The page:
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“The album art, made by my close friend Quintin Caldwell, is a farm scene made in the isometric style of a silicon valley tech company’s marketing content. The cattle’s enclosures are smart-phone shaped. “John Wayne” is a comment on American individualism and the characters that symbolize it. John Wayne’s many, yet consistent characters and the consistent but multi-actored Bruce Wayne (Batman) serve as model citizens and vigilantes. They justify violence in fighting crime, or disrespect, while doing little to address underlying causes of injustice. I see in myself similar tendencies of false self-reliance despite knowing that collective effort will be critical to successful change.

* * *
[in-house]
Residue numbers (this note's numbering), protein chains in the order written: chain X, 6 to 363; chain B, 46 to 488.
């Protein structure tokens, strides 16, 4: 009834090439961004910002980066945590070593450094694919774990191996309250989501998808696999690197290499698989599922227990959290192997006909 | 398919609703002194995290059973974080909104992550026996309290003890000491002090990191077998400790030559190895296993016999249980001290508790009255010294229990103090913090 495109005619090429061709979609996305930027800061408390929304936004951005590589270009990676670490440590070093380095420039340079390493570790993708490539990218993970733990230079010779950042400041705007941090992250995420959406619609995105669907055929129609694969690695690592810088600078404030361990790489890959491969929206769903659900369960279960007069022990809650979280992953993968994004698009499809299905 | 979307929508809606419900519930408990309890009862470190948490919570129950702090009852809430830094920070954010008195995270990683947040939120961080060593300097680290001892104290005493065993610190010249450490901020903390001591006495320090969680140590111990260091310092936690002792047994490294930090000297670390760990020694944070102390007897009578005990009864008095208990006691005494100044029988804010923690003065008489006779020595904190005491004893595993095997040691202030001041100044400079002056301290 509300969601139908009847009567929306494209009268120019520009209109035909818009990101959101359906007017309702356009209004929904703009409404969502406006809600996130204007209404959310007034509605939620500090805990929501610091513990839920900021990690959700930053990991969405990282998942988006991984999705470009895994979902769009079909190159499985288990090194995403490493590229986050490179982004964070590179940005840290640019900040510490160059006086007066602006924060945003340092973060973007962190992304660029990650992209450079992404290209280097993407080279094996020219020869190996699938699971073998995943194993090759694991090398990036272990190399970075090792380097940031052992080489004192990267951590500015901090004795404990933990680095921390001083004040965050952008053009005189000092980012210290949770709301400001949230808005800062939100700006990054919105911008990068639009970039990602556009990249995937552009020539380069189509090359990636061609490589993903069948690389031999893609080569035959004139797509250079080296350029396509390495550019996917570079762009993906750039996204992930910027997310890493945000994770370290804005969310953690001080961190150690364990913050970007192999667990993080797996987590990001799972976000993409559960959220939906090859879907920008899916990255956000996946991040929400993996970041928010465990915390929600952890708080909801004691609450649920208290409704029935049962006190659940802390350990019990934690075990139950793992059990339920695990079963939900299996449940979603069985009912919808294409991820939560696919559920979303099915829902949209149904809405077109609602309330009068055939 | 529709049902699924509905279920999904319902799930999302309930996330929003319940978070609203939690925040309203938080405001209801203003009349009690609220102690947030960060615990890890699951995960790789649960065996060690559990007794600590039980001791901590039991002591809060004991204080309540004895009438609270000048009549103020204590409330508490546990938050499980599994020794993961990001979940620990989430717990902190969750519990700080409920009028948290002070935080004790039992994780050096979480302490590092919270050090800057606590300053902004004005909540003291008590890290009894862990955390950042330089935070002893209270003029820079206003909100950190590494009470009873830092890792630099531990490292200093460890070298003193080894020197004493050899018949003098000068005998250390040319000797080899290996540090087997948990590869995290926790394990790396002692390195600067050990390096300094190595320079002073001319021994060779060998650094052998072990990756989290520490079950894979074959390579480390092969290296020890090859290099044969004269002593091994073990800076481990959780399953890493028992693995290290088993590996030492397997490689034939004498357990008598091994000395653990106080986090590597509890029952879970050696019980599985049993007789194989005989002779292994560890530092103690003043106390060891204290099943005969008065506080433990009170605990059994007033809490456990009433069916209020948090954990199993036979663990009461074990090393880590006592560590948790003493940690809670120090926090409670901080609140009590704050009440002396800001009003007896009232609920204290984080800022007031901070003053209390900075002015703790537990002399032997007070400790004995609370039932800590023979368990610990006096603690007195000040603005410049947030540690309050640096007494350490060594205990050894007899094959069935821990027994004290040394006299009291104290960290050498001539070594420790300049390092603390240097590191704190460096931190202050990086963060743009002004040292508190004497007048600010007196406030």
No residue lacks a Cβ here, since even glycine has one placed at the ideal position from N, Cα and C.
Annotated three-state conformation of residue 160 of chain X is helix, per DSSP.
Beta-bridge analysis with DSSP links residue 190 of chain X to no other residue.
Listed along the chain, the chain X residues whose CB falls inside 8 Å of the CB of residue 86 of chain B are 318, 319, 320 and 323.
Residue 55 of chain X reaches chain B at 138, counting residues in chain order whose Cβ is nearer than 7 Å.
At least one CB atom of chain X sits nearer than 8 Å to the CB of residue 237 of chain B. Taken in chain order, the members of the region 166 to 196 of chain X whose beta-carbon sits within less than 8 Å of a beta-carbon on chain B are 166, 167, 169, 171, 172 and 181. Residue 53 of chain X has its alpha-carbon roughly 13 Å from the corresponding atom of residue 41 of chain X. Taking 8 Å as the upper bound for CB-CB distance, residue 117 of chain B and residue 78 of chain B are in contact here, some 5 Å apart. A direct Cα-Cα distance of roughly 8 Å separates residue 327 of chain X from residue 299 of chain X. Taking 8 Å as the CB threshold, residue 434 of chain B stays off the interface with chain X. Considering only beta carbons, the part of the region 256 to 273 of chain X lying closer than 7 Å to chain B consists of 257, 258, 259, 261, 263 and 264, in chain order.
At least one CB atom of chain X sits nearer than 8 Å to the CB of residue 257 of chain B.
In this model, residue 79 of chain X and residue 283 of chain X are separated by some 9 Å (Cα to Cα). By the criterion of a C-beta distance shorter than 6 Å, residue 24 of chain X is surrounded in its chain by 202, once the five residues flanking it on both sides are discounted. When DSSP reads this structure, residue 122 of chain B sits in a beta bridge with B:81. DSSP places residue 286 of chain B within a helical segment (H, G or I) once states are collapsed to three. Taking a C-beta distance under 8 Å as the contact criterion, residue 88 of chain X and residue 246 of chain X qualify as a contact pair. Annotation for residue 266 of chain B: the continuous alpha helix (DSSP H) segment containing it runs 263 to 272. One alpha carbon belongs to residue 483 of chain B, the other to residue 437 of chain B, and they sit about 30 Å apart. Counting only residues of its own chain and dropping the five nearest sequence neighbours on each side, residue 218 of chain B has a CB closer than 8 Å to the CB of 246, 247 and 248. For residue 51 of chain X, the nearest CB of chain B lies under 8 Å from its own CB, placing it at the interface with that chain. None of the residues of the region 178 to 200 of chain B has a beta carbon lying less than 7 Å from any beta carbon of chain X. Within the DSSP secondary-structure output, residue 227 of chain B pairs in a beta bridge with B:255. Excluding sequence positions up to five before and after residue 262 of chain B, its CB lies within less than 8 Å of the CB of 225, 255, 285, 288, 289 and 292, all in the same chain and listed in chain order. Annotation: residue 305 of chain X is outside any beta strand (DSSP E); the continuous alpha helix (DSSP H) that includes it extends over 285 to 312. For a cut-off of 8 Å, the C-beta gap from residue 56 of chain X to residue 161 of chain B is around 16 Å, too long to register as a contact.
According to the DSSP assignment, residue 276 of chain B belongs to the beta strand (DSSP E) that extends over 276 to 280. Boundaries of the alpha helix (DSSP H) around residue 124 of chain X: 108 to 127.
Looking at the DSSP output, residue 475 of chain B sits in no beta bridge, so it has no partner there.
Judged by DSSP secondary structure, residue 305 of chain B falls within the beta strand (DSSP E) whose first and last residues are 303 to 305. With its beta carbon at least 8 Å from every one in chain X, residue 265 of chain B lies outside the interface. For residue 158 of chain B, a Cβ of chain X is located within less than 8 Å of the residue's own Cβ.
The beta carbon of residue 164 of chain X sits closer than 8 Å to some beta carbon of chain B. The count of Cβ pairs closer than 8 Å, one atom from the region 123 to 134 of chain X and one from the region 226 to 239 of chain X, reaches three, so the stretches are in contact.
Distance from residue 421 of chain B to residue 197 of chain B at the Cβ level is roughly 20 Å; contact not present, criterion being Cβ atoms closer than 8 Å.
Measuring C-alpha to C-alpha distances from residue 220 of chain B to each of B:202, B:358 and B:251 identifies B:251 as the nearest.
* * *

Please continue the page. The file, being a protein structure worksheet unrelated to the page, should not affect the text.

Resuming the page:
My previous album, Anthropocene, asks in the title track, “where will I go/ if I don’t want to be/ with idle hands awaiting catastrophe/ here in the Anthropocene.” The Greener Pasture offers a somewhat defeated answer to that question in its own title track: “The greener pasture is also fenced in/ the wider trough has an asterisk/ rotate the herd every few days/ or is it every few years/ we got their tags on our ears/ standing in shit crying bovine tears.” As cattle’s comfort is often forgone, I’ve been uncomfortably seeking my role in a market economy that might allow me to contribute to necessary change in the system. Even those reluctant to acquiesce to the demands of the labor market such as myself are these days made valuable through their data and attention. Just as screens have reached beyond squared corners, up and around user-facing lenses, screens have spread beyond times square to capture the core of our culture and economy at a rapid pace. Peter Oren